Commentary

An unjust law the legislature should fix right away

In case you missed it recent days, be sure to check out a series of news reports on WRAL about a killing that occurred in Harnett County in 2013. The series, entitled “Presumption of Fear,” documents the untimely death of a young man named Christian Griggs and the fact that North Carolina law is badly flawed when it comes to allowing state investigations of county-level decisions on whether or not to prosecute in such matters. Former TV reporter Jon Camp explained the situation in the following op-ed that was featured by WRAL over the weekend:

Next week a trial will begin that reveals a deeply troubling loophole in North Carolina law.

After a capital crime the only two people who can request an independent state investigation are the sheriff and the district attorney. No one else – not a judge, not another district attorney, not a member of Congress, not the state attorney general – can involve the State Bureau of Investigations. It must be the sheriff and DA form the county where the crime took place.

Let that sink in.

If those two individuals want a case to go away — for any reason — they can shut it down. Not that this is happening but it can.

This loophole should concern all of us but it has made life absolutely hell for the Harnett County family highlighted in WRAL’s series Presumption of Fear.

I’m no longer in the news business but I spent 10 years as ABC11’s lead investigative reporter. I knew the story when it happened. I know it much better now. A few months ago Dolly and Tony Griggs hired me to help.  They asked if I would reach out to my old contacts to try to jumpstart a new investigation by the SBI.

I went to the courthouse in Lillington, got what records I could in the Griggs’ wrongful death civil lawsuit and researched the case. It just didn’t square. Critical questions weren’t asked or answered.

I showed the case to several lawyers, sat down with former contacts in the SBI, talked it over with other district attorneys, and met with both State Auditor Beth Wood and State Attorney General Josh Stein.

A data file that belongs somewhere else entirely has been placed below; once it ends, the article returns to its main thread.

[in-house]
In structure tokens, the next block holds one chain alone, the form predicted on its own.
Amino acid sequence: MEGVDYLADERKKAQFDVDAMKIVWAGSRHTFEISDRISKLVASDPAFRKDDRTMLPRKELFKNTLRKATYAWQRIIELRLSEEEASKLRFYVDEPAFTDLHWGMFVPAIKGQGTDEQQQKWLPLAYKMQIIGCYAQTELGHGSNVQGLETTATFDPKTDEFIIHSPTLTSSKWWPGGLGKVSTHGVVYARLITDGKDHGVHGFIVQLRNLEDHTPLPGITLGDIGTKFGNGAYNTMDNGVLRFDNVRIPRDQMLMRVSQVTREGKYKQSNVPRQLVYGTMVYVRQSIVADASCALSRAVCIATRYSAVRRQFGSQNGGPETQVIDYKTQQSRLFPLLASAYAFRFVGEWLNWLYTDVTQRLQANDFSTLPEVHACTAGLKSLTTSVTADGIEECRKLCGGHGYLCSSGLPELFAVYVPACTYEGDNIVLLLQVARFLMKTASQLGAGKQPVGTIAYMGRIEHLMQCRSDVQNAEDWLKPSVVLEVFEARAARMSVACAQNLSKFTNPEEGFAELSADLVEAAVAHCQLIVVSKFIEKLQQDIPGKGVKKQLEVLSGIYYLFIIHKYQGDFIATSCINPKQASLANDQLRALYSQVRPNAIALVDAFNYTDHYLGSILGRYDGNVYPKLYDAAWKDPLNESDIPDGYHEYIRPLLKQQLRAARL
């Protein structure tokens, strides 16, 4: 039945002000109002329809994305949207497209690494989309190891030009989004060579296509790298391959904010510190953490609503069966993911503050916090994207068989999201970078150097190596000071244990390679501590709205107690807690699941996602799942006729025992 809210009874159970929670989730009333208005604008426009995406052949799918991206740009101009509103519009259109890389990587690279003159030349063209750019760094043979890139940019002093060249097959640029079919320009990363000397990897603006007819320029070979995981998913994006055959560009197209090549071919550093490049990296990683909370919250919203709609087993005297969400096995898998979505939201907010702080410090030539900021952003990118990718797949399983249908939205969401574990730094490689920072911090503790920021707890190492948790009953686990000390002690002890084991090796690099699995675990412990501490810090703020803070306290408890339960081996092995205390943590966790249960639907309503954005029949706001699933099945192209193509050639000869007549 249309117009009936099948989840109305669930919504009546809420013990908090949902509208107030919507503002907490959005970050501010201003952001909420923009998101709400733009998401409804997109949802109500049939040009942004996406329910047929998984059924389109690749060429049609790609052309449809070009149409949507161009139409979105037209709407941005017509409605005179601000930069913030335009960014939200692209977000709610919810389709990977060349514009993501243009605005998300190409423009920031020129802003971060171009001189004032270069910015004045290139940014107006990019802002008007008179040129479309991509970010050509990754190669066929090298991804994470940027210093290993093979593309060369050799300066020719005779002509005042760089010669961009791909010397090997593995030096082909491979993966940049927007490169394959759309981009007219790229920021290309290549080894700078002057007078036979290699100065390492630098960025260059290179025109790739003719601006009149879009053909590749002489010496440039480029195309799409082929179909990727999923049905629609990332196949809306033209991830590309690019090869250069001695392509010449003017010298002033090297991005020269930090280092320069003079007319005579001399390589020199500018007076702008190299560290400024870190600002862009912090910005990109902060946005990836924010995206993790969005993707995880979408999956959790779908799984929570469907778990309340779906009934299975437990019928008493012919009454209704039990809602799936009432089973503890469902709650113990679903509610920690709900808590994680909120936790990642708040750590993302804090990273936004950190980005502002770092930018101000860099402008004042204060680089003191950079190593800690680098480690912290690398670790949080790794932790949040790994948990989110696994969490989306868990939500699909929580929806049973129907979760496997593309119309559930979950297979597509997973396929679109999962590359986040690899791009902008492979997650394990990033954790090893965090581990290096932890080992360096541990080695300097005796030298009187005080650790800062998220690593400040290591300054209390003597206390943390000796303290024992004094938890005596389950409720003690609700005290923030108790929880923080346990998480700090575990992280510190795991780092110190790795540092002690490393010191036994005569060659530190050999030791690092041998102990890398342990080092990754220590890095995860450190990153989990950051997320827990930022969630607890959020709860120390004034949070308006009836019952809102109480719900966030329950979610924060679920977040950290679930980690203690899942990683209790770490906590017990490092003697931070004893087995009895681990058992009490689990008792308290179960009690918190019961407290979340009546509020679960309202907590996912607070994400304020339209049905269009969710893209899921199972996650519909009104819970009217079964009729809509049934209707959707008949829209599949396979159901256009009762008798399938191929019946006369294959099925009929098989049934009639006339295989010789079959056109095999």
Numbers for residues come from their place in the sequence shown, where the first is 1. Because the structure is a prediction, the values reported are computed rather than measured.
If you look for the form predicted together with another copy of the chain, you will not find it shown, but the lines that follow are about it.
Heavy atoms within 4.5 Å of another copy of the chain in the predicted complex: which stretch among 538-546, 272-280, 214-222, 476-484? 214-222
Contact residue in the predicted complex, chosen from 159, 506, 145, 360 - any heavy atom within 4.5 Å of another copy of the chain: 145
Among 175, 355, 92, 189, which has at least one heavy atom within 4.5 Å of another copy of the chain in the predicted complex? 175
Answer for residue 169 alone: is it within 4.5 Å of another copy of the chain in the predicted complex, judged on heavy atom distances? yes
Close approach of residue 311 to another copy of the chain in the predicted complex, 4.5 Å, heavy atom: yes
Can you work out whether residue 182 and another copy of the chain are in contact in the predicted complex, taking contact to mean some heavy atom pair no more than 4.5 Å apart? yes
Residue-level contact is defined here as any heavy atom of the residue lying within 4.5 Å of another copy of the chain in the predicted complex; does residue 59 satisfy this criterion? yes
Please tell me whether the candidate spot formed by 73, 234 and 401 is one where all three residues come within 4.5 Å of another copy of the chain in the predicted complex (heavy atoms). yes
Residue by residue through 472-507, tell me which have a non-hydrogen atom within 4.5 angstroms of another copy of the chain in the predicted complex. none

Each was sympathetic to the Griggs’ experience and agreed that there is a bigger problem here. But not one felt it was within their jurisdiction to help.

I spent every day of my 20-year reporting career seeking truth. Everything about this tells me we still don’t know what happened that October 2013 morning when Christian Griggs was killed. Even more clear is this: that won’t change unless the SBI gets involved.

It’s imperative that either Harnett County Sheriff Wayne Coats and/or District Attorney Vernon Stewart formally request an independent SBI investigation. It’s time. The Griggs’ haven’t seen their grand-daughter since the shooting. They haven’t had one restful night’s sleep.

Sheriff Coats. Mr. Stewart. You can change this. Please ask the SBI to open the files and review this case.

North Carolina lawmakers, it’s obvious this glaring loophole in state law must be closed. It simply must not be the case that two individuals hold the only keys to whether a real wrong is righted.

Whether a terrible wrong was done in Harnett County does matter. It matters in the wrongful death lawsuit that gets underway Monday; it matters deeply to the Griggs; and it should matter to the rest of us. The fact is it could happen to any of our families at any time because of this problem with state law.

Let’s work for change. Tell your lawmakers to close this dangerous loophole and tell the sheriff and DA in Harnett County to request an SBI investigation into the killing of Christian Griggs.

Justice deserves an honest shot in North Carolina.

As long as the General Assembly is in town for a lame duck session, it ought to fix this law this absurd loophole.

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